Iceland grants country’s last whaling company licence to hunt 128 fin whales

Iceland has granted a licence to Europe’s last whaling company to kill more than 100 animals this year, despite hopes the practice might have been halted after concerns about cruelty led to a temporary suspension last year.

Animal rights groups described the news as “deeply disappointing” and “dangerous”.

Hvalur, an Icelandic company run by Kristján Loftsson, will now be permitted to kill 128 fin whales over this year’s hunting season. Last year, just 24 fin whales were killed after a government-commissioned report found harpooned whales took as long as two hours to die and new regulations were introduced, delaying the whaling season.

Iceland is the second country, after Japan, to allow fin whaling to resume this year.

Kristján Loftsson, who told the Guardian last year that there were so many fin whales around Iceland that ‘we can carry on for ever.’ Photograph: Sigga Ella/Guardian

Fin whales, the second-largest mammal in the world, are listed as vulnerable to extinction on the red list of the International Union for Conservation of Nature. Their numbers have recovered since bans on hunting were introduced in many countries from the 1970s.

In granting the permit, Iceland’s food, fisheries and agriculture minister, Bjarkey Olsen Gunnarsdóttir, said her decision was not necessarily in line with her views or those of her party, the Left-Green Movement.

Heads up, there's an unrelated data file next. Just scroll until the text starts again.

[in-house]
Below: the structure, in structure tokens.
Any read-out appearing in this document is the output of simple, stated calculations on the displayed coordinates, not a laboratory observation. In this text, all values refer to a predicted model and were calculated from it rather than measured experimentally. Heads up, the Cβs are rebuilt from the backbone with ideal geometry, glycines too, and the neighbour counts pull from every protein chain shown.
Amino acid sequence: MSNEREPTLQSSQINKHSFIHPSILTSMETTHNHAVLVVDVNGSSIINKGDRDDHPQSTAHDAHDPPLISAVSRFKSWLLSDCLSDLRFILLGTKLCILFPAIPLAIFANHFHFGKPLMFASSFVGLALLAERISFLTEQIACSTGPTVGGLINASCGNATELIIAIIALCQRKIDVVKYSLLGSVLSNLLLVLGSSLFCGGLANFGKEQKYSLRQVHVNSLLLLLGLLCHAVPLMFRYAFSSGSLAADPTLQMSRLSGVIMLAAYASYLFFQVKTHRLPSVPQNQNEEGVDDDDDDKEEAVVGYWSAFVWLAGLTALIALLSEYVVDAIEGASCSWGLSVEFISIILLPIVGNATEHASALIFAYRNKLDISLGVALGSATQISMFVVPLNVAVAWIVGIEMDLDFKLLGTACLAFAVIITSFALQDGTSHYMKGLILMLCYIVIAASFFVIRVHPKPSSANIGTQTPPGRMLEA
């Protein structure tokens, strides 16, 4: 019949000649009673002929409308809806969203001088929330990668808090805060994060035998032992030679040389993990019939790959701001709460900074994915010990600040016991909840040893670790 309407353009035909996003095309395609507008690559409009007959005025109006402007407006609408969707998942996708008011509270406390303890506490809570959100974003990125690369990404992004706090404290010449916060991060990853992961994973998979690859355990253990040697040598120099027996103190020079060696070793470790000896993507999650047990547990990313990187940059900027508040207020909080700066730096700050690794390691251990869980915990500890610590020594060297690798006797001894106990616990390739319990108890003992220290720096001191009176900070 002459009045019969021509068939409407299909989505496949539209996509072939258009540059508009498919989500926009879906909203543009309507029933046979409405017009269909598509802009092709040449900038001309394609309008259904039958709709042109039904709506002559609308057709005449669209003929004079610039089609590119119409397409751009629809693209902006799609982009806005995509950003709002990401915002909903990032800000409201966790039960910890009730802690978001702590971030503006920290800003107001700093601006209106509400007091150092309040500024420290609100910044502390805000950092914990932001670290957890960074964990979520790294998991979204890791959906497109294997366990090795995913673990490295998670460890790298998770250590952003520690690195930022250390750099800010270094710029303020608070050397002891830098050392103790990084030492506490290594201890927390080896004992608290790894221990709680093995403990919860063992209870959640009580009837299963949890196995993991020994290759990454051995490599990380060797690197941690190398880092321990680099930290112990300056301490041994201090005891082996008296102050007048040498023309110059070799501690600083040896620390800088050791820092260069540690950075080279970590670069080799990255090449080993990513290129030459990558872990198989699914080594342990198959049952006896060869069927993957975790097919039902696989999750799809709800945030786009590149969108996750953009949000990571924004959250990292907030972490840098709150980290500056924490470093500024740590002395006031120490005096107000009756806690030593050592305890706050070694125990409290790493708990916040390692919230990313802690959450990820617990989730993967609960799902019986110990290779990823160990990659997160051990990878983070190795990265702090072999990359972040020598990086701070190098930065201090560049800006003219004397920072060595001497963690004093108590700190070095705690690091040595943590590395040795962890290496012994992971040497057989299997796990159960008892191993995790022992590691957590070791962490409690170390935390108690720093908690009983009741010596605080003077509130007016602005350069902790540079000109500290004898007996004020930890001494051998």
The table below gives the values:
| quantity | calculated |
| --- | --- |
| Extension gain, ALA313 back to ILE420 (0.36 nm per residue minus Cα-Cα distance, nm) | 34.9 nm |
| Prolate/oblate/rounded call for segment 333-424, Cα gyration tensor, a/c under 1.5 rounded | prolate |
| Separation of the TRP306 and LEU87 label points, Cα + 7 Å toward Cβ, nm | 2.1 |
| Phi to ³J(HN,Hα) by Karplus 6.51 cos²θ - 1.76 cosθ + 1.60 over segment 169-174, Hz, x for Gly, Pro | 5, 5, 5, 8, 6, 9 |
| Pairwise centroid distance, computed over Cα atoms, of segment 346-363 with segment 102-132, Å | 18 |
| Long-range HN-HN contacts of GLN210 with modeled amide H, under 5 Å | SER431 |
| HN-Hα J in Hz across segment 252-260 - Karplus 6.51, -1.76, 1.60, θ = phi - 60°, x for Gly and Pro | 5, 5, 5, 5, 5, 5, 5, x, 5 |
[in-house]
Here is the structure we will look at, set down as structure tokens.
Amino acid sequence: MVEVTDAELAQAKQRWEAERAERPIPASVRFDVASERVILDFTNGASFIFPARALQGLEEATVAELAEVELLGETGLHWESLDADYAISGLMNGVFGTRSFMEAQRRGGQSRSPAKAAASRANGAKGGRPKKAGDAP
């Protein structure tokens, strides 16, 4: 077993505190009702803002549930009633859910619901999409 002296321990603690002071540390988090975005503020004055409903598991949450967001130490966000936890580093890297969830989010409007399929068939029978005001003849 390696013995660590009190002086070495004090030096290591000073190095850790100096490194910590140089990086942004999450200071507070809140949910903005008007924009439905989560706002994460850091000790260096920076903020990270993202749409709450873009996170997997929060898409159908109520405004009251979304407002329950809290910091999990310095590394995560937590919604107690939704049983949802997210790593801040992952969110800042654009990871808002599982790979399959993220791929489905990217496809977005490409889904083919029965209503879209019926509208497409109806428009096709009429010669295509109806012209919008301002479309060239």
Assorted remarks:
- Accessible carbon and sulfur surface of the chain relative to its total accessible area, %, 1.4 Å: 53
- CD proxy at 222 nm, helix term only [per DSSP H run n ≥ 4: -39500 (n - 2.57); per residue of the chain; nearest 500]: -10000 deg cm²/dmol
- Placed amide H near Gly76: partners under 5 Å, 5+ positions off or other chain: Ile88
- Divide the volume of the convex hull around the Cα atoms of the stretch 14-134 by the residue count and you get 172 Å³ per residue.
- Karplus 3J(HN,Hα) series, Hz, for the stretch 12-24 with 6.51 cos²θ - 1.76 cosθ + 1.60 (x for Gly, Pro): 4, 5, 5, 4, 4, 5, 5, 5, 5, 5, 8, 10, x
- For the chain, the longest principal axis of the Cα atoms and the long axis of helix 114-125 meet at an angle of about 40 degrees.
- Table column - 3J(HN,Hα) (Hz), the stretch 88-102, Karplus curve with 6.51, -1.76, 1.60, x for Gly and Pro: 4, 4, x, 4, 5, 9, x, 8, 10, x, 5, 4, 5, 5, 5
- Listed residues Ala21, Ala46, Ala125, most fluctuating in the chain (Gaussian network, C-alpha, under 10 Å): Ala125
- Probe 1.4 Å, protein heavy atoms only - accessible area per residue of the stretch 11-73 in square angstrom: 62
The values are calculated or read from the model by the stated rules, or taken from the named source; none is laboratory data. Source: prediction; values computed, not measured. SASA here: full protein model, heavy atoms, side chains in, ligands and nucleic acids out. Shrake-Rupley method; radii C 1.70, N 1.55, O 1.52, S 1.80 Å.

“Nevertheless, I have to follow the laws and regulations, and this is my conclusion now,” Gunnarsdóttir told RÚV, the Icelandic national broadcasting service.

Campaigners claimed that a recent report by Mast, Iceland’s food and veterinary authority, had failed to demonstrate any significant improvements in animal welfare for the 2023 hunt compared with the year before, despite the implementation of new regulations aimed at reducing suffering.

Patrick Ramage, director of the International Fund for Animal Welfare, said: “It’s hard to fathom how and why this green light to kill 128 fin whales is being given. “There is clearly no way to kill a whale at sea without inflicting unthinkable cruelty.”

Luke McMillan, an anti-whaling campaigner with Whale and Dolphin Conservation, said: “It is unbelievable and deeply disappointing that the Icelandic government has granted [this], defying extensive scientific and economic evidence against such actions.”

The decision set a “dangerous” precedent for commercial whaling around the world, he said, as well as undermining global conservation efforts.

Iceland’s previous fisheries minister suspended whaling after a report concluded that the 2022 hunt did not comply with the country’s animal welfare legislation, as the whales took too long to die.

The report, by Mast, found that some harpooned whales took two hours to die and it questioned whether hunting large whales could ever meet animal welfare objectives.

An expert working group, set up subsequently to look into whether the hunt could be modified to meet welfare laws, concluded there were grounds for making improvements to hunting methods.

However, a Mast analysis of last year’s whale hunt, seen by the Guardian, concluded that while the efficiency of killing whales in 2023 appeared to be better than in 2022, the difference was not statistically significant, possibly due to the small numbers of animals killed in 2023. There were 148 whales hunted in 2022.

Last month, Japan announced that fin whaling could resume, adding the cetacean to a list of other species it allows to be caught commercially.

Although populations of fin whales are reportedly increasing, thanks to regulation of commercial whaling, they were still classified as endangered as recently as 2018 and also face other pressures, including climate change.

The Guardian

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